Armington & Sims Steam Engine, 1888

This high speed engine was built by the Armington & Sims Engine Company, Eagle Street, Providence, RI. It was first delivered to the Narragansett Pier Electric Light Company. It was later used to power the Sea View Railroad that ran from East Greenwich to Narragansett. It has a 12″ bore and a 12″ stroke and produces 75 horsepower at 350 RPM with 175 PSI of steam. This square design is still the preferred ratio of bore to stroke. It has a balanced crankshaft and a Rites governor.

The application of the steam engine to the generation of electric power from about 1881 onward required the development of engines capable of operating at much higher speeds than the 80 RPM of the long stroke engines typified by the three examples of Corliss engines in this museum. Close control of engine speed is needed to avoid flickering of electric lights which receive power from engine driven generators.

The Armington & Sims is an example of a single cylinder, horizontal high speed automatic engine. High speed because it operates at about three times the speed of its larger predecessors. It is called an automatic engine because of the sensitivity of its flywheel mounted inertia governor. This governor detects the speed as well as the rate of change of speed, which results in a much more rapid response to sudden variations in the engine’s load. This governor consists of heavy weights mounted on pivoted arms held inward by stiff coil springs in tension. The pivot points are offset and on the opposite side of the shaft center from the weights rather than at the shaft center as in the Watt governor. The mass of the arm is so distributed that when engine load changes gradually the governor acts as a centrifugal governor, but with a sudden change in load the inertia of the arm augments the centrifugal action resulting in a very high response speed. Edison came to Providence and contributed suggestions to Gardner Sims on this design. Edison had previously studied centrifugal governors to get more exact speed control in his photographs. Edison replaced the Porter Allen engines in the Pearl Street station with Armington & Sims and for many years preferred them.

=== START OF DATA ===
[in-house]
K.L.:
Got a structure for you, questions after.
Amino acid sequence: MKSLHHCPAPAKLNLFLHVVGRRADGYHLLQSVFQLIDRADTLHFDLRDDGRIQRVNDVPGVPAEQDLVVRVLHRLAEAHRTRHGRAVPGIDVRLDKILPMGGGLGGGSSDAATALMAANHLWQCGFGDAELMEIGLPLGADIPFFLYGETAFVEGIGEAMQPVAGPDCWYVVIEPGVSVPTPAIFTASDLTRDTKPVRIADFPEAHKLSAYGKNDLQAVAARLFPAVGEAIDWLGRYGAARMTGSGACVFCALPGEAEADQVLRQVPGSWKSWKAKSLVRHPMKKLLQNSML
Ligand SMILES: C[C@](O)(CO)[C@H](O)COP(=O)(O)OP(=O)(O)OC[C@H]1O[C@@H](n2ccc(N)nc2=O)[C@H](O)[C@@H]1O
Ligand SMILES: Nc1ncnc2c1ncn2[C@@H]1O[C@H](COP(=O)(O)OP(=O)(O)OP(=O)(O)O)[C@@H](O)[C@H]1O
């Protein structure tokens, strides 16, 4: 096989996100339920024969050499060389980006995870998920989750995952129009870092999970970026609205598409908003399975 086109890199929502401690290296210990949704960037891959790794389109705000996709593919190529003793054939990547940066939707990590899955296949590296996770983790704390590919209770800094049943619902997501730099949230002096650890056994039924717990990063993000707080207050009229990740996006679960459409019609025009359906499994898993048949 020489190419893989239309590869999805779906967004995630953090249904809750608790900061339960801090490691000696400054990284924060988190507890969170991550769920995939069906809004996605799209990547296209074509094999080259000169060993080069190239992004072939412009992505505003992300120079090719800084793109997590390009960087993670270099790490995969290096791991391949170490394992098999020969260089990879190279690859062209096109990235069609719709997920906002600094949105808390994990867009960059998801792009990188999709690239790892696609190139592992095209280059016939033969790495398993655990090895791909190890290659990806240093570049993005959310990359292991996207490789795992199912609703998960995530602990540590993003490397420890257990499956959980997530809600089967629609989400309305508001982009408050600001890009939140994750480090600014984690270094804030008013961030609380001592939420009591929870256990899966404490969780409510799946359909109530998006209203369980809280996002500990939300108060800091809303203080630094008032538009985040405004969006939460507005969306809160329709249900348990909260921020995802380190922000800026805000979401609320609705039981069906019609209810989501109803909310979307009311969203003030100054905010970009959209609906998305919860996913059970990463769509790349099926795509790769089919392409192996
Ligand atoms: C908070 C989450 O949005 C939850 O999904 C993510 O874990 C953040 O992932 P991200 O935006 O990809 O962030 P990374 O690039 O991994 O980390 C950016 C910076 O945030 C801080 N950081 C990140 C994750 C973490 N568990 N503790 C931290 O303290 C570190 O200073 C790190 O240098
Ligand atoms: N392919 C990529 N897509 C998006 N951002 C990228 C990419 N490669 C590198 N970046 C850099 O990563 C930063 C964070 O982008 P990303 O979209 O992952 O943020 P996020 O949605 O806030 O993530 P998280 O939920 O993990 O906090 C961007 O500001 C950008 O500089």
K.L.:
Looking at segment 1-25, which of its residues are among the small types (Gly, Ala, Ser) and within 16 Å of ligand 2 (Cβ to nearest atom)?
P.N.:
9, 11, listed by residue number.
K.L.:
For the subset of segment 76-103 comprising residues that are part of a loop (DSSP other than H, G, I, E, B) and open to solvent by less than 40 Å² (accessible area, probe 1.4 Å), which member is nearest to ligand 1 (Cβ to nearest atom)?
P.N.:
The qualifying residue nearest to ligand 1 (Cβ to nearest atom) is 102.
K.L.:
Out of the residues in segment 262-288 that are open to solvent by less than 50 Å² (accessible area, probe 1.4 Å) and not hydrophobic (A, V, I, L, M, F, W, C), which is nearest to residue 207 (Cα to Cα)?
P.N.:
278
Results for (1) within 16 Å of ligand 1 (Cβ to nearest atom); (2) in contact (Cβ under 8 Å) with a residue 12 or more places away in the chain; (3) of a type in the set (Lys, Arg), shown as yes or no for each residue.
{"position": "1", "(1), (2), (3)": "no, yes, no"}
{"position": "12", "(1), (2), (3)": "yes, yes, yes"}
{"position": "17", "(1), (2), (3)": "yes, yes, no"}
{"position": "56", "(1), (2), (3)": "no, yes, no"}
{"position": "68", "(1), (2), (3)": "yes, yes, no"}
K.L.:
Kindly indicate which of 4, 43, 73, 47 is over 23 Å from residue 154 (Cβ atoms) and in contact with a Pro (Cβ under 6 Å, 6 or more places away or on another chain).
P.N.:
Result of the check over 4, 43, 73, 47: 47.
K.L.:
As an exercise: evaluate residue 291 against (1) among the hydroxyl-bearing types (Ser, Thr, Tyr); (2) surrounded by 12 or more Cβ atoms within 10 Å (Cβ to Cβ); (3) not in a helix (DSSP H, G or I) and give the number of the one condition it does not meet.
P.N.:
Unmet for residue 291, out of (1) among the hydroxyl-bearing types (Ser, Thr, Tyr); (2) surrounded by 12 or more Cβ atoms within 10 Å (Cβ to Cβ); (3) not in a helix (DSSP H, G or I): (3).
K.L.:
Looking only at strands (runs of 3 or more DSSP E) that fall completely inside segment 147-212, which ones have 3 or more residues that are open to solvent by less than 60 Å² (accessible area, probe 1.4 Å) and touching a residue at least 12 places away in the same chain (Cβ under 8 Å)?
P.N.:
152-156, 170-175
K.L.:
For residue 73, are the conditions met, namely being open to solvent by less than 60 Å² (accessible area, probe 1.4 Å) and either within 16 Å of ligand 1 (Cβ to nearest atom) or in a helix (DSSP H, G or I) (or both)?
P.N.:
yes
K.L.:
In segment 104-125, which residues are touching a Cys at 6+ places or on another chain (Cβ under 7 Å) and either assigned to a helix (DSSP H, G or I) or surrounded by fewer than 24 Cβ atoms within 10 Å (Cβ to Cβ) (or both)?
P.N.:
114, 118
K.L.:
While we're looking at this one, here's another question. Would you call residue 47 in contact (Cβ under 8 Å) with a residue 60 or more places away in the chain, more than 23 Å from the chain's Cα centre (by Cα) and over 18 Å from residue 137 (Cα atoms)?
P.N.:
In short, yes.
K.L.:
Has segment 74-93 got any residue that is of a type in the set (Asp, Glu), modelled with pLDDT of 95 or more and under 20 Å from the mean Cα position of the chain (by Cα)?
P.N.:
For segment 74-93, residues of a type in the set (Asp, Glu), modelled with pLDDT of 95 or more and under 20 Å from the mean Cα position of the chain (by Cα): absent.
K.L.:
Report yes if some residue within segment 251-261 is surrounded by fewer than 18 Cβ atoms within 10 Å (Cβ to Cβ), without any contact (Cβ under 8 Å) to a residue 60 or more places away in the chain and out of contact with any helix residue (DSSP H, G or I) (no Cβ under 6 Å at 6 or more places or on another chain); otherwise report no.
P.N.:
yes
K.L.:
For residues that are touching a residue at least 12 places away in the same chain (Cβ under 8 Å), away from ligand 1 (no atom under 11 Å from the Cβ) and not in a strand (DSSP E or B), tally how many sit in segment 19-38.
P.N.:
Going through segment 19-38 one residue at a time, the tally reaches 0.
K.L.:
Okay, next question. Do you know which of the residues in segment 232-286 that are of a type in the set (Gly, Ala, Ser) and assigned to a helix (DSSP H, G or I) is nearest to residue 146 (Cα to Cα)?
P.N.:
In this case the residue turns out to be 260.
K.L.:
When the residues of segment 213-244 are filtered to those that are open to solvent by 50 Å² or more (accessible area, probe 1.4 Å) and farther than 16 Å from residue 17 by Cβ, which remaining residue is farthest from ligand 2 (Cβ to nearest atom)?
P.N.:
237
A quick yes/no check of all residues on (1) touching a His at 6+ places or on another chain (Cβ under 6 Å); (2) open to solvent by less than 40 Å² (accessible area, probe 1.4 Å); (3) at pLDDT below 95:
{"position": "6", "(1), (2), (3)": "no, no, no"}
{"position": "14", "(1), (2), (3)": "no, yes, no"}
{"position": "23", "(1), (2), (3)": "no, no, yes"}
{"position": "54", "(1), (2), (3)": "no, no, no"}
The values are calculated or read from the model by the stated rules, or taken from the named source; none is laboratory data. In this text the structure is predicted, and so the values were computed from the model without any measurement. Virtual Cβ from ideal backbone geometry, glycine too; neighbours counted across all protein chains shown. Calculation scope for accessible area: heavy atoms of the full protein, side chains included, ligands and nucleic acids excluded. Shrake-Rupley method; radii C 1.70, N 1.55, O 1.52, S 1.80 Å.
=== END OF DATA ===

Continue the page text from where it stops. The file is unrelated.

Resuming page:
When the Sea View Railroad discontinued service in 1922 Henry Ford bought the engine and generator and moved it to his museum in Dearborn, MI. The Henry Ford museum had several of these engines and donated this engine to the NEWSM.